The only real fault we want to point out is that the LaCrosse's dinky chrome faux port holes integrated into its fenders look and feel like an afterthought.
What's especially nice is that even the base LaCrosse, at a hair under $33,000, looks and feels as rich as the range-topping Premium. That's because HID headlamps, LED running lights, and LED tail lights are standard on all, as are stylish 18-inch alloy wheels.
Popping for the Preferred trim level adds a slightly different 18-inch wheel and more color options—most of which command an upcharge—but the basic look is unaltered. Essence and Premium, offer stylish 20-inch alloy wheels, but they're wrapped in less rubber and thus slightly degrade the vehicle's ride quality.
2017 Buick Lacrosse
The LaCrosse sheds weight, adds power, and overall feels far more polished and nimble than before.
We can't universally say that less weight and more power makes a car better to drive, but the 2017 Buick LaCrosse helps solidify that hypothesis.
The LaCrosse scores a commendable 7 out of a possible 10 since it delivers excellent acceleration and a fine ride and handling balance. (Read more on how we rate cars.)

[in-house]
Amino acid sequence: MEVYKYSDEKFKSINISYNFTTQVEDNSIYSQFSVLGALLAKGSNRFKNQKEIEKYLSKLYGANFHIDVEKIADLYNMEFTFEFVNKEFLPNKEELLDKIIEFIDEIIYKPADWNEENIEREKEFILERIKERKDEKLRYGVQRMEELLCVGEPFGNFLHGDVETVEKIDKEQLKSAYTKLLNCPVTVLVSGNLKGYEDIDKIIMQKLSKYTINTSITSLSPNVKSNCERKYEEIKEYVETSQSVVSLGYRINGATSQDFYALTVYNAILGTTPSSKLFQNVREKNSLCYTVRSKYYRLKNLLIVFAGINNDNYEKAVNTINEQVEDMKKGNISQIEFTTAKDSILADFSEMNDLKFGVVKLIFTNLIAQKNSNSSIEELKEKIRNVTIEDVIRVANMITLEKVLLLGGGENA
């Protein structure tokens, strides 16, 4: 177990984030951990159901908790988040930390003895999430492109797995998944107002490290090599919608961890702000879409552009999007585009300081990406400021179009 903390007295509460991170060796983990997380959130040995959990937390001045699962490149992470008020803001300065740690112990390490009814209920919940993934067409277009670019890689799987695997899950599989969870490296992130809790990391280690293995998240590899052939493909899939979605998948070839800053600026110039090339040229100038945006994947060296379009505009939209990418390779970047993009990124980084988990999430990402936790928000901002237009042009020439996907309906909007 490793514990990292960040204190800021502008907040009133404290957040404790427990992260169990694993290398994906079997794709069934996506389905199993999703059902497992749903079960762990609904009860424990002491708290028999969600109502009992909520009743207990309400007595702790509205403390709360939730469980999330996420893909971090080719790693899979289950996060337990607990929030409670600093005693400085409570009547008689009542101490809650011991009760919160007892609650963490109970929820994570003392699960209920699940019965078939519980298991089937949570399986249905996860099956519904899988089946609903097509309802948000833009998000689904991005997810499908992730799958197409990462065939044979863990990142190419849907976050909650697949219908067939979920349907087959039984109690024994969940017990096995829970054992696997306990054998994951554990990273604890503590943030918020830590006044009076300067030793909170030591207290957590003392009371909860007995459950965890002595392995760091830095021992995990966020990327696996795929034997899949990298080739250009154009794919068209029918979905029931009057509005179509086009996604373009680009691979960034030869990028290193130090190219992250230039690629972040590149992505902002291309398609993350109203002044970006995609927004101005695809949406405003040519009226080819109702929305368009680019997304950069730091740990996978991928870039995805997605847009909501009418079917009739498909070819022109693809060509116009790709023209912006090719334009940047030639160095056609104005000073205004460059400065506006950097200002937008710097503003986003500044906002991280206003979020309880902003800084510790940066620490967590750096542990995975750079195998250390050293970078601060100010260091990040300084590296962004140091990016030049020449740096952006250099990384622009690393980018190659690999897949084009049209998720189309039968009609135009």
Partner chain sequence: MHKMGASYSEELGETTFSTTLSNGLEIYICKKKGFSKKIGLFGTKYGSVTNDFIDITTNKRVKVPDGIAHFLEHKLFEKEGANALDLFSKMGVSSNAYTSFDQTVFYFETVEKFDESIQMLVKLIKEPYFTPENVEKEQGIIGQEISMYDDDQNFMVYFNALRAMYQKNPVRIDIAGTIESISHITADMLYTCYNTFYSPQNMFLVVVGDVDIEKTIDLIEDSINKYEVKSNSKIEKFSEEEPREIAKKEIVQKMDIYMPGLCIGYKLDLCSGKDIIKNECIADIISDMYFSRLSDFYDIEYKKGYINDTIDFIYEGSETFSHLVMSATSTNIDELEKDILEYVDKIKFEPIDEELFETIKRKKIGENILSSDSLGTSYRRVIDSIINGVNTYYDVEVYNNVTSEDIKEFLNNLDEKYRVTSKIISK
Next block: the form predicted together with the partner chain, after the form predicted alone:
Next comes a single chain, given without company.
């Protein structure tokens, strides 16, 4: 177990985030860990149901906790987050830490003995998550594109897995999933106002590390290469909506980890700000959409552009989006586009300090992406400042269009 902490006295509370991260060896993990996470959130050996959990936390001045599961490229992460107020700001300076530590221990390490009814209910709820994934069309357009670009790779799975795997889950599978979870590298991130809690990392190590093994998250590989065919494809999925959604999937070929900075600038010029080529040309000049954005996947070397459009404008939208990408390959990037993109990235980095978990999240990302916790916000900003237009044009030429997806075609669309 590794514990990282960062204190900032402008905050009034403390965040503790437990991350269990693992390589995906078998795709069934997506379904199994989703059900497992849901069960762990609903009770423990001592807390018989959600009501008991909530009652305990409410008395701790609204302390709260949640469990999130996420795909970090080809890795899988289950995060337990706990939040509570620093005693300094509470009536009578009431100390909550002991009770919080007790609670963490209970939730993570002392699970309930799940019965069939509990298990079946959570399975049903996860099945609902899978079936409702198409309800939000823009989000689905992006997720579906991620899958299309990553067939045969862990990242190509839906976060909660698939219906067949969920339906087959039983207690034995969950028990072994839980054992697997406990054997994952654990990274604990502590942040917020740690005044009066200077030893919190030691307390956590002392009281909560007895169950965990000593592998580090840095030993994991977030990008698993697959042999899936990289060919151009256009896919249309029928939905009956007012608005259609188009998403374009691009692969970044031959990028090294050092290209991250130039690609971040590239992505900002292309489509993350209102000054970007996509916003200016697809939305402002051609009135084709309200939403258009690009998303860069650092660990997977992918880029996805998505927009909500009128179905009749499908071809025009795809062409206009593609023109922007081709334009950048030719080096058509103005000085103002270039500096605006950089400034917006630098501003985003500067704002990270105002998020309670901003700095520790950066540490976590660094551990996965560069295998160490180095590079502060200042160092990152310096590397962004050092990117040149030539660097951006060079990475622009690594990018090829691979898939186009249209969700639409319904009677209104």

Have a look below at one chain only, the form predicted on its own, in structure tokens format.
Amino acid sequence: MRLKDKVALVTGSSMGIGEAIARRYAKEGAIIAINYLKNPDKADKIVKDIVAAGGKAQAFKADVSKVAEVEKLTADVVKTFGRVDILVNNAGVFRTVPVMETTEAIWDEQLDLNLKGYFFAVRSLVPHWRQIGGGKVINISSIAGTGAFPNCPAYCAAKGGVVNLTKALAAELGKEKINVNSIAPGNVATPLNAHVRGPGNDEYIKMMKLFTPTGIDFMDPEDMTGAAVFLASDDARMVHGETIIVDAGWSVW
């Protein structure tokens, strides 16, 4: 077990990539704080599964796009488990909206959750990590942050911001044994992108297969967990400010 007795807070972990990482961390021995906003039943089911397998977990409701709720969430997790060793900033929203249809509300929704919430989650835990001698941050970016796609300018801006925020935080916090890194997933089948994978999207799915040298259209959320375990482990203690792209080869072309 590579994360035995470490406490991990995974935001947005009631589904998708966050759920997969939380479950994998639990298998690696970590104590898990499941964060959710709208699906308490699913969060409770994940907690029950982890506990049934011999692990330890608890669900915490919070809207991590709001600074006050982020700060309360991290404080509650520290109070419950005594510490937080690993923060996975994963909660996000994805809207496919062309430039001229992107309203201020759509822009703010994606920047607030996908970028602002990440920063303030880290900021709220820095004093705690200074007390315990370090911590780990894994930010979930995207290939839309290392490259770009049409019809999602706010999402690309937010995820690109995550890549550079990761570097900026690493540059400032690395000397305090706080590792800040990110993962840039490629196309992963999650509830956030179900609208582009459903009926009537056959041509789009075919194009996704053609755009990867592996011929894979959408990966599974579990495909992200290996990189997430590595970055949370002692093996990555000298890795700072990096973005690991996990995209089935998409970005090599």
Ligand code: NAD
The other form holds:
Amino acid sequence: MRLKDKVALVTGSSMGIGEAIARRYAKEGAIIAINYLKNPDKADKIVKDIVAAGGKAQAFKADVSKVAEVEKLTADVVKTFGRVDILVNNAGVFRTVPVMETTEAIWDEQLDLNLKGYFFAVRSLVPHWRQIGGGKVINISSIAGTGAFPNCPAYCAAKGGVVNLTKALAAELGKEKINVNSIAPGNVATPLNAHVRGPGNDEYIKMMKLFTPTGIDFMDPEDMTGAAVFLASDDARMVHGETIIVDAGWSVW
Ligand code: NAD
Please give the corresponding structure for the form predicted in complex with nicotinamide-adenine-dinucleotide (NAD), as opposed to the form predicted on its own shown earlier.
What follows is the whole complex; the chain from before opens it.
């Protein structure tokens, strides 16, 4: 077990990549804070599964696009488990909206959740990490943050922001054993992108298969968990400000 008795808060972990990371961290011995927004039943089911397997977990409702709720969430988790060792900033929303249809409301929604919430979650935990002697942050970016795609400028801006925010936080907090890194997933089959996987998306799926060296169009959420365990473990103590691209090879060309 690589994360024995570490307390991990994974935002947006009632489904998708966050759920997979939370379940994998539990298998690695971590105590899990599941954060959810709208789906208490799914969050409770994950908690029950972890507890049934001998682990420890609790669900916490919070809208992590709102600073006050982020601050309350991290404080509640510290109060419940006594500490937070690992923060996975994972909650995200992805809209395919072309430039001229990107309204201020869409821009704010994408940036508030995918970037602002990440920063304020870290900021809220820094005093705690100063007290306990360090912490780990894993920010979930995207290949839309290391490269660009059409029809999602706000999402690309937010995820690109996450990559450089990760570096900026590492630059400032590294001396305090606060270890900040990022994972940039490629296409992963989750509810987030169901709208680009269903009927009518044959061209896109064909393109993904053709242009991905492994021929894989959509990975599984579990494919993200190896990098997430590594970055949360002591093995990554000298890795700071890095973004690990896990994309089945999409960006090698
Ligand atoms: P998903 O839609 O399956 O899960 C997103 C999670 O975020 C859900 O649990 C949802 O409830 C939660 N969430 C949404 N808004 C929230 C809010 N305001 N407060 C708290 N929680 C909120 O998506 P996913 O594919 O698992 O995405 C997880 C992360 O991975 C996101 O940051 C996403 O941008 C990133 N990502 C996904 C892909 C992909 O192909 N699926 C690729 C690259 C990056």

Lighter weight steel used in its new structure—underpinnings shared with, incidentally, the not-quite-as-upscale Chevrolet Malibu—have dropped the LaCrosse's curb weight about 300 pounds to a hair under 3,600 pounds. That's in line with most rivals since the outgoing car was rather pudgy.
A new five-link rear suspension delivers a better ride over rough pavement and it manages to make the car handle more confidently. That's not to say that the LaCrosse is anything near sporty, but it is remarkably polished for a large sedan. Light, accurate steering delivers up limited road feel, but, again, it endows the LaCrosse with more poise than a big sedan typically delivers.